Not sure at all.

Hope

And then, last night it came.

Finally.

A ray of hope. A tiny pinpoint of light in this darkness.

The antiviral drug, Remdesivir, in a very limited blind study was shown to shorten the length of hospital stay for Covid patients from 15 to 11 days.

Those are clearly the sickest people, and Remdesivir does nothing to prevent infection. We also don’t know if fewer people actually died. The drug must be administered via IV, over a period of days, but it reduced the recovery time by 31% in this small sample. The good news is that it’s not a new drug, so it doesn’t have to go through the approval process for the drug itself. Remdesivir is expected to be authorized for emergency use on Covid patients in a few days.

Having said that, there’s so much we don’t know, and Remdesivir might not be any part of the answer when we learn more. This discovery might be the chink in the virus’s armour though, the first step in the path to finding life-saving treatments to defeat this horrid enemy. We now know it’s possible to fight this virus, and how.

Remdisivir is clearly not a panacea, but here’s what it is.

It’s a spark of hope, that seedling in our time of despair. Perhaps the bloom of springtime after the bleakest of winters.

Hope springs eternal.

Flowers for you, Mom.

 

Pandemic Journal: Things I Never Thought I’d Do, But Here I Am

What week is this?

What day is this?

What day of the week is it?

What time is it?

Yes, we’ve all lost track of these kinds of things now because our days blend one into the next with no delineators like going to work on weekdays and doing other activities on weekends. Even if you don’t work in a different location, most of us have some sort of routine that has been disrupted by social isolating.

I hope you ARE isolating, because the sooner everyone actually does this, the sooner this pandemic will be over, the fewer people will die, and we can all resume our pre-Covid lives again.

I must say, these once-in-a-lifetime measures have wrought some quite unexpected challenges and in some cases, despite the circumstances, we just have to laugh.

A group of us crazy genealogists cooked up something quite unique and fun, so read on😊

But first, let’s get the deadly serious stuff out of the way. Trying to find a silver lining by no means suggests that the situation we find ourselves in isn’t the most serious threat to our lives in this generation, and probably in the past century.

First is Not Good

My Mom used to say that being first wasn’t always a good thing. I always had images of the road runner tricking the coyote into running off the edge of the cliff. We’ve sort of done just that.

On the website Worldometers, cases of Covid-19 are tracked, and a few days ago, the US became #1 in the world. You can see the breakdown here by country worldwide and by state here.

On March 26th, the US outpaced all of the other countries in the world with a record number of Covid-19 cases, and that’s just the confirmed positives. We haven’t tested nearly the number of people, or the percentage of the population that either China or Italy have.

Pandemic us first

The deaths are still somewhat comparatively low, thankfully, but we are no where near the peak while China and Italy are beyond that point. The numbers won’t be apples and apples until after we are beyond the peak as a country too.  Let’s hope they stay low, but I’m not optimistic.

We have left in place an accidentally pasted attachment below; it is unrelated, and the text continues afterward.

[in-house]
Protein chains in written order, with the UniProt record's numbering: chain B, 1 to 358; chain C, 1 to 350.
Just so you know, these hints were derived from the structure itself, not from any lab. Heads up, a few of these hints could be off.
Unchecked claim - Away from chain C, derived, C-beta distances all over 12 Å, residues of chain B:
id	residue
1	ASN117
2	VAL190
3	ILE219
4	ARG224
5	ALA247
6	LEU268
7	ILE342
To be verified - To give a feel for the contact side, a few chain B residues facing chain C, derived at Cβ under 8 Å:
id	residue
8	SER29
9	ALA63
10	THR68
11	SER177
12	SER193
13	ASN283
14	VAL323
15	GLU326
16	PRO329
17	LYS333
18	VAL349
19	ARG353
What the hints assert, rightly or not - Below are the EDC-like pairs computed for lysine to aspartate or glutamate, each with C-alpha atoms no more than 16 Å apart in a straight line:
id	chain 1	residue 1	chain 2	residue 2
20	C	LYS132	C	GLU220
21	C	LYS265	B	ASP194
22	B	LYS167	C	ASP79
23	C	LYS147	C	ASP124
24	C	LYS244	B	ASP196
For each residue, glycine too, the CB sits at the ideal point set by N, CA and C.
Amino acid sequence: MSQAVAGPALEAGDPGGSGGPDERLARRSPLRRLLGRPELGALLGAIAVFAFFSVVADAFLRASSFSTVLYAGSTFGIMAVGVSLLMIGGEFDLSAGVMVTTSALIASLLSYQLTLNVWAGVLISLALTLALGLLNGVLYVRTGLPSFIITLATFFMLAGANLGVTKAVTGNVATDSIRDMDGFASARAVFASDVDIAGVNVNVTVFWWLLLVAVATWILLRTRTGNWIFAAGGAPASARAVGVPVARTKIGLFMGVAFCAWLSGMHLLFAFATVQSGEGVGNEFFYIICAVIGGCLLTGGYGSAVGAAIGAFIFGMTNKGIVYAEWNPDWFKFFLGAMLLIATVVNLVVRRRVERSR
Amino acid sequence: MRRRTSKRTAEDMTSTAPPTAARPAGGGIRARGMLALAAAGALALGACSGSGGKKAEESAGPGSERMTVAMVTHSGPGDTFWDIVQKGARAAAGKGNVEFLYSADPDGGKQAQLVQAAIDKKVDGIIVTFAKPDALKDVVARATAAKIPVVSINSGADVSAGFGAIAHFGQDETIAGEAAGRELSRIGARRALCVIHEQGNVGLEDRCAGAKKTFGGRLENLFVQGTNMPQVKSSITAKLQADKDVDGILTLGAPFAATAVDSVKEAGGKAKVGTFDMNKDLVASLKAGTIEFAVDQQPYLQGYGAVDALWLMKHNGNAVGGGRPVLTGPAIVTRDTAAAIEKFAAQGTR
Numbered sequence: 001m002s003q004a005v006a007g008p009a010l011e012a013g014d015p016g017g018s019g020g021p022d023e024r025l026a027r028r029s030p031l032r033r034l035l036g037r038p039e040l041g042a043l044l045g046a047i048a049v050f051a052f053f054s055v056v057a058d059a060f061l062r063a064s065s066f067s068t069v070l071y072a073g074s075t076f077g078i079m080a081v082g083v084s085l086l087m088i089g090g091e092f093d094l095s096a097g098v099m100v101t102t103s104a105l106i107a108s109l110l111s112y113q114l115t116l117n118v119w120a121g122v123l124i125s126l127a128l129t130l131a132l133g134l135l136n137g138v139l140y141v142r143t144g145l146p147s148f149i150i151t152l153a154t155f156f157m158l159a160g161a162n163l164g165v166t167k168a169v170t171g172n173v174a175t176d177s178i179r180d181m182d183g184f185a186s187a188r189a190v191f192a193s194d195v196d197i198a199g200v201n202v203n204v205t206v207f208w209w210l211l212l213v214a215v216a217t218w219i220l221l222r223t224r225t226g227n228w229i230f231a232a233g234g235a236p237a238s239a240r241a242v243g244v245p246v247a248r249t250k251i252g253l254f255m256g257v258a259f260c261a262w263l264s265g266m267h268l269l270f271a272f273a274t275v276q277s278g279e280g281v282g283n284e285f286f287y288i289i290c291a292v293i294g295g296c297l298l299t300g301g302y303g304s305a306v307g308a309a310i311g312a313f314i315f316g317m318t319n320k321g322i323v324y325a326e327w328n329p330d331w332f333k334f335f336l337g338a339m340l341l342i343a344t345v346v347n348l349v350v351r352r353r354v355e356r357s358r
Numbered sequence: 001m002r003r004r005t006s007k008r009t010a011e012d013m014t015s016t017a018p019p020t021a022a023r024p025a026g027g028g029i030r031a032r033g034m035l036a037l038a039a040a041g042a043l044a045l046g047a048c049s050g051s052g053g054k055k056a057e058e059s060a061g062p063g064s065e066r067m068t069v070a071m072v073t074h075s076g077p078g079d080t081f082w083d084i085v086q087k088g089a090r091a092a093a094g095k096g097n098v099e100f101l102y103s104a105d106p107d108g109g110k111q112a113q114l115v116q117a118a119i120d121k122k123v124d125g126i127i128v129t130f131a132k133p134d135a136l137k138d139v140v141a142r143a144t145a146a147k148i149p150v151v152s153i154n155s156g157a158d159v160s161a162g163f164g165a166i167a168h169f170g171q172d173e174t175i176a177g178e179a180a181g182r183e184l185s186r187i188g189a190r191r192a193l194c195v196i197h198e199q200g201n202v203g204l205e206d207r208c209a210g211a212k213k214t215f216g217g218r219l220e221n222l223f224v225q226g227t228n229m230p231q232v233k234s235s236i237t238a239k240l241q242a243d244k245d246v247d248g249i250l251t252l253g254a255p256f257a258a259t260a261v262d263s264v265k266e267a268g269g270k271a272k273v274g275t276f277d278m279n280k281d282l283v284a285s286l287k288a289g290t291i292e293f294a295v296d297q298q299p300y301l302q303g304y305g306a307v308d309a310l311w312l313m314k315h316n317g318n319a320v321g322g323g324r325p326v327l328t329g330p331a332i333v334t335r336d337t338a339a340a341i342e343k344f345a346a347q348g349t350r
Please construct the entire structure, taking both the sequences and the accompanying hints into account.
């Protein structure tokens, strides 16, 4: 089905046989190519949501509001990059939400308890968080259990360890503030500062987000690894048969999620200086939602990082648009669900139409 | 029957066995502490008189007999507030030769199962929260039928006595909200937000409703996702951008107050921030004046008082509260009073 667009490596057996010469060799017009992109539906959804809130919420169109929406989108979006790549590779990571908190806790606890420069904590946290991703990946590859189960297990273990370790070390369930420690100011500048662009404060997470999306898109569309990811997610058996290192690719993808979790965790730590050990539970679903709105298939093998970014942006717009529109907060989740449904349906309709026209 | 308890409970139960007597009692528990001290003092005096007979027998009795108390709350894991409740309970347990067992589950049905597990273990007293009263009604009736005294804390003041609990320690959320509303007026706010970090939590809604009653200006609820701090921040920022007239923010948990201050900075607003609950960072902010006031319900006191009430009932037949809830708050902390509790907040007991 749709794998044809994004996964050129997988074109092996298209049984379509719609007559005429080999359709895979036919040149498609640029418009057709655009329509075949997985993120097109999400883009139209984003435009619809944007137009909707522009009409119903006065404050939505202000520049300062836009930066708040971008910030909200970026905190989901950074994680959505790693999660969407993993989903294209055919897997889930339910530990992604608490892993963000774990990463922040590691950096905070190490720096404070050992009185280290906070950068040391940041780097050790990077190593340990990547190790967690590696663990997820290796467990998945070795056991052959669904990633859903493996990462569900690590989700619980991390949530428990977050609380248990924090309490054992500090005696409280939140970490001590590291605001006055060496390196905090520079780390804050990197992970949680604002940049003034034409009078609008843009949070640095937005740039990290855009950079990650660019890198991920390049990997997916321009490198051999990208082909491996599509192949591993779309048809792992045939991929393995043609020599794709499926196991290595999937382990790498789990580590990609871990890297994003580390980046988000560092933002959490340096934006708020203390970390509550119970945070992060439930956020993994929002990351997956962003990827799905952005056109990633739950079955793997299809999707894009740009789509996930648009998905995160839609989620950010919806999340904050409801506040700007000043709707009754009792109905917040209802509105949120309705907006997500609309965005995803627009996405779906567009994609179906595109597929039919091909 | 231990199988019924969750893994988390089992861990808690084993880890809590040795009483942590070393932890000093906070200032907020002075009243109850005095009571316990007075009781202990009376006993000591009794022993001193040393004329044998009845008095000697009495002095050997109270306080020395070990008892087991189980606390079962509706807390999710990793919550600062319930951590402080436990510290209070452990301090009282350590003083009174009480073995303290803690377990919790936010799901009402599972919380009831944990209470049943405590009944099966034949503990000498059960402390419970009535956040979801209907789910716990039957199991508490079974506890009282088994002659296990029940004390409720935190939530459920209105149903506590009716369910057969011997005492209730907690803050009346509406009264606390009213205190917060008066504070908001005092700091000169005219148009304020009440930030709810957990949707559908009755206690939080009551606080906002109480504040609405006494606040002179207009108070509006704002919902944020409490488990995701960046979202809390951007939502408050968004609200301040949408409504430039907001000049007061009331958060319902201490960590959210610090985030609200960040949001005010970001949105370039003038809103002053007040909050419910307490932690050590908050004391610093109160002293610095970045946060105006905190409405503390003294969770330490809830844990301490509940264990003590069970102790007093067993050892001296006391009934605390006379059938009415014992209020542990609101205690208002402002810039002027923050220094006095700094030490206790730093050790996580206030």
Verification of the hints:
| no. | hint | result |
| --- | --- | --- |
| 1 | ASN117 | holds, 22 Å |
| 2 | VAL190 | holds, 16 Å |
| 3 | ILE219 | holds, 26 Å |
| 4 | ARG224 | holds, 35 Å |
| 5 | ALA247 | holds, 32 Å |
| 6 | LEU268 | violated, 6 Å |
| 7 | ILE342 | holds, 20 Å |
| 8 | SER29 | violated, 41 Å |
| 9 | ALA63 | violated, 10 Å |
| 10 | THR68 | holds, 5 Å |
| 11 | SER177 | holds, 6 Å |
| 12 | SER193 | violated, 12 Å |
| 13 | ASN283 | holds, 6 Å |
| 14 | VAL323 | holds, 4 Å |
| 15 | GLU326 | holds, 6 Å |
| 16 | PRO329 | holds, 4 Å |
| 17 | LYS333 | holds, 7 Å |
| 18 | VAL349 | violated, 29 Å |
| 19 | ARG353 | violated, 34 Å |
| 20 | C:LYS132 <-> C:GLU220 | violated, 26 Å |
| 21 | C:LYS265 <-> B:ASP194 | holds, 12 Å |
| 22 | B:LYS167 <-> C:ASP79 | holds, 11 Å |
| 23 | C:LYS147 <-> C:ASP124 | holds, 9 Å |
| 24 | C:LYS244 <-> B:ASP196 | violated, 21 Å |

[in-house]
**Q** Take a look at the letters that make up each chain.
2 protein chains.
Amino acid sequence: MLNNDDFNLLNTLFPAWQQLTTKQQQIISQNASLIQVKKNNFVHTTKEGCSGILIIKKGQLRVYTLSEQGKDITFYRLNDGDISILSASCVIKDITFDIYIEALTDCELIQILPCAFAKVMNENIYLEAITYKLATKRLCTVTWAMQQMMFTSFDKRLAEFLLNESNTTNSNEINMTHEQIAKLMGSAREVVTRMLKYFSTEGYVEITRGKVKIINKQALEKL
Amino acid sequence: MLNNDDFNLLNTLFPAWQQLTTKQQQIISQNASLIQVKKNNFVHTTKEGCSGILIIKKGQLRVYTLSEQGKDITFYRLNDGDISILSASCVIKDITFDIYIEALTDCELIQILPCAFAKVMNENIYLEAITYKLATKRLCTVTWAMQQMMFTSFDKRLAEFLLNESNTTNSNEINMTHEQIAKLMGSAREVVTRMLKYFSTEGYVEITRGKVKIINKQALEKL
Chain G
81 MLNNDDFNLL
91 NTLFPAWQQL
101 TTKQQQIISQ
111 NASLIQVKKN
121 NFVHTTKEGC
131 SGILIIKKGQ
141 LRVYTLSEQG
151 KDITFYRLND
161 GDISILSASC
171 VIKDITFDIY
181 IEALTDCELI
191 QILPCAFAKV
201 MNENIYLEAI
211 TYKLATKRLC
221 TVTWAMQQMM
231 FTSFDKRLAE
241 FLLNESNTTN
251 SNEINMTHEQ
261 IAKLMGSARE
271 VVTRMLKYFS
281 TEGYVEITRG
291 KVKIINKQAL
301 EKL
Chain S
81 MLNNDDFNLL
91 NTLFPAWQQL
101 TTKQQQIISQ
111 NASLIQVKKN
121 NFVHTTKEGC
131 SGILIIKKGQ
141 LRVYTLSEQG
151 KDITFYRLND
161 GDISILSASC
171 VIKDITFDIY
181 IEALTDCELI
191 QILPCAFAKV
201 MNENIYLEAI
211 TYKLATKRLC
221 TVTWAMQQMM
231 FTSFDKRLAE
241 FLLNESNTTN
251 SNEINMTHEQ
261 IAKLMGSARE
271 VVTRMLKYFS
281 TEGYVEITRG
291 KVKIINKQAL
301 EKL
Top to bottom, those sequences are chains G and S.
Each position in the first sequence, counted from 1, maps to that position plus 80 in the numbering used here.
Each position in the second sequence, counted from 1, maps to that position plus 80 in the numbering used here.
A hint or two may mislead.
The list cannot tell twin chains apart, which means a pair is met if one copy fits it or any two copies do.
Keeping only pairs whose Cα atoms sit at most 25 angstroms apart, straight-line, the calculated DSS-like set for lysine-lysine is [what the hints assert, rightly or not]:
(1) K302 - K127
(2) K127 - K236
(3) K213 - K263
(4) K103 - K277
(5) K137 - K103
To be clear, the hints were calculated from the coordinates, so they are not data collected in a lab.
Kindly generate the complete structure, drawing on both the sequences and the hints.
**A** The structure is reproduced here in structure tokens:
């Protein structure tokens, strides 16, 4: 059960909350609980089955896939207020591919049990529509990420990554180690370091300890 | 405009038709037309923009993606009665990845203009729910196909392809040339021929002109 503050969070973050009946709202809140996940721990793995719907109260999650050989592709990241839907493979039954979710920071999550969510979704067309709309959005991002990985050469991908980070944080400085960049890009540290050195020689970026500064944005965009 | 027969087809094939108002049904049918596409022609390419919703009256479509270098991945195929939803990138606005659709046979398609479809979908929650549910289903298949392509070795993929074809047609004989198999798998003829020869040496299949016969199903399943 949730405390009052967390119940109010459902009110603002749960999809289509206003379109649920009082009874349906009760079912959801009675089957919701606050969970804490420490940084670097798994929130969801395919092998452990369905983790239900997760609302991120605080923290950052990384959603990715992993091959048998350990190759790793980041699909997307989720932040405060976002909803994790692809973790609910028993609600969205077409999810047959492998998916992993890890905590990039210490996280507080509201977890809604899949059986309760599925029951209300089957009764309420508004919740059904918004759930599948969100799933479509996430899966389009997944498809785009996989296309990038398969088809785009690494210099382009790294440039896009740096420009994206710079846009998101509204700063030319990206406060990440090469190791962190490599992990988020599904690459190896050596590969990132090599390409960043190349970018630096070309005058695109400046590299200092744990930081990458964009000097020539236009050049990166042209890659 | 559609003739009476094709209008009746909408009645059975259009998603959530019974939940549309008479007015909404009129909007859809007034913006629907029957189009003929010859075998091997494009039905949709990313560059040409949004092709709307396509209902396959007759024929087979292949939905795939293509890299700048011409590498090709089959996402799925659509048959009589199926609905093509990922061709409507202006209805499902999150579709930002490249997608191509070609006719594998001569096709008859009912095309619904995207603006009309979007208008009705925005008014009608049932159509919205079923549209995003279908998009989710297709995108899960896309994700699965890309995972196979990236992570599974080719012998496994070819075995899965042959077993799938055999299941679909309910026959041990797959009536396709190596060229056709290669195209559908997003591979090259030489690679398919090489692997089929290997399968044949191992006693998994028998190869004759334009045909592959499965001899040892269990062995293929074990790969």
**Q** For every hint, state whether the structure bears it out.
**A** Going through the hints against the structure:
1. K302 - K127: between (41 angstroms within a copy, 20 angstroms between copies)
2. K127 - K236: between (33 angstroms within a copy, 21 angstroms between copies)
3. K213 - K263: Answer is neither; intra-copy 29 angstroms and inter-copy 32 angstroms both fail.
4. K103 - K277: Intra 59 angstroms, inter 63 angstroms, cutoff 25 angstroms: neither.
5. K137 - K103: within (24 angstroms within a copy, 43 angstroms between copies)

I never, ever wanted the US to be #1 in quite this way. Like everyone else, I’m deeply concerned and anxiety is running at an all-time high for many people.

It’s important, after we take care of life-sustaining tasks to find something to take the edge off – preferably other than eating or drinking or we’ll emerge pickled and unable to get through the door when this is all over.

Have you done something quite unusual since this isolating began, other than inventorying your pantry and planning “blizzard meals” out of whatever ingredients you find?

Here are four things I never thought I’d do.

Signing My Will in a Drive Through

My husband and I had been working on creating wills and trusts since last fall. It’s a challenge with a blended family and we are trying to do our best to provide for each other as well as fairly to descendants.

We had intended to get this sewn up and signed before we left for down under at Christmas time, but our attorney was traveling. Then we were traveling. Upon our return, we were having back and forth discussions when the virus hit, quickly followed by social distancing and shutdowns. It became apparent that this situation was worse than anticipated and that we might need those documents sooner than later.

We are in the high-risk category, and here we sat with no wills or trusts. This meant that we would have no control over what happens to each other or how our assets would be distributed to our heirs. That’s clearly not what we want, which is why we were working on those documents in the first place.

Plus, you know how Murphy works – that’s like an invitation for disaster. Our best insurance of staying alive? Get those documents signed, somehow.

But how on earth could we get our wills and trust documents signed and notarized with two witnesses? That’s 5 people, one with a specialized skill, the notary, all of whom need to be in the same place at the same time when we are all supposed to be social distancing? Our attorney is in an office building that is closed, so that won’t work. Finding an online notary, although they do exist, was unsuccessful.

None of my friends are notaries and neither are the grocery stores which are open. I messaged a well-connected friend. He found a local bank branch that is notarizing documents through the drive-through window and they agreed to notarize our wills, so long as they did not have to attest that we were of sound mind, cause we obviously are not.😊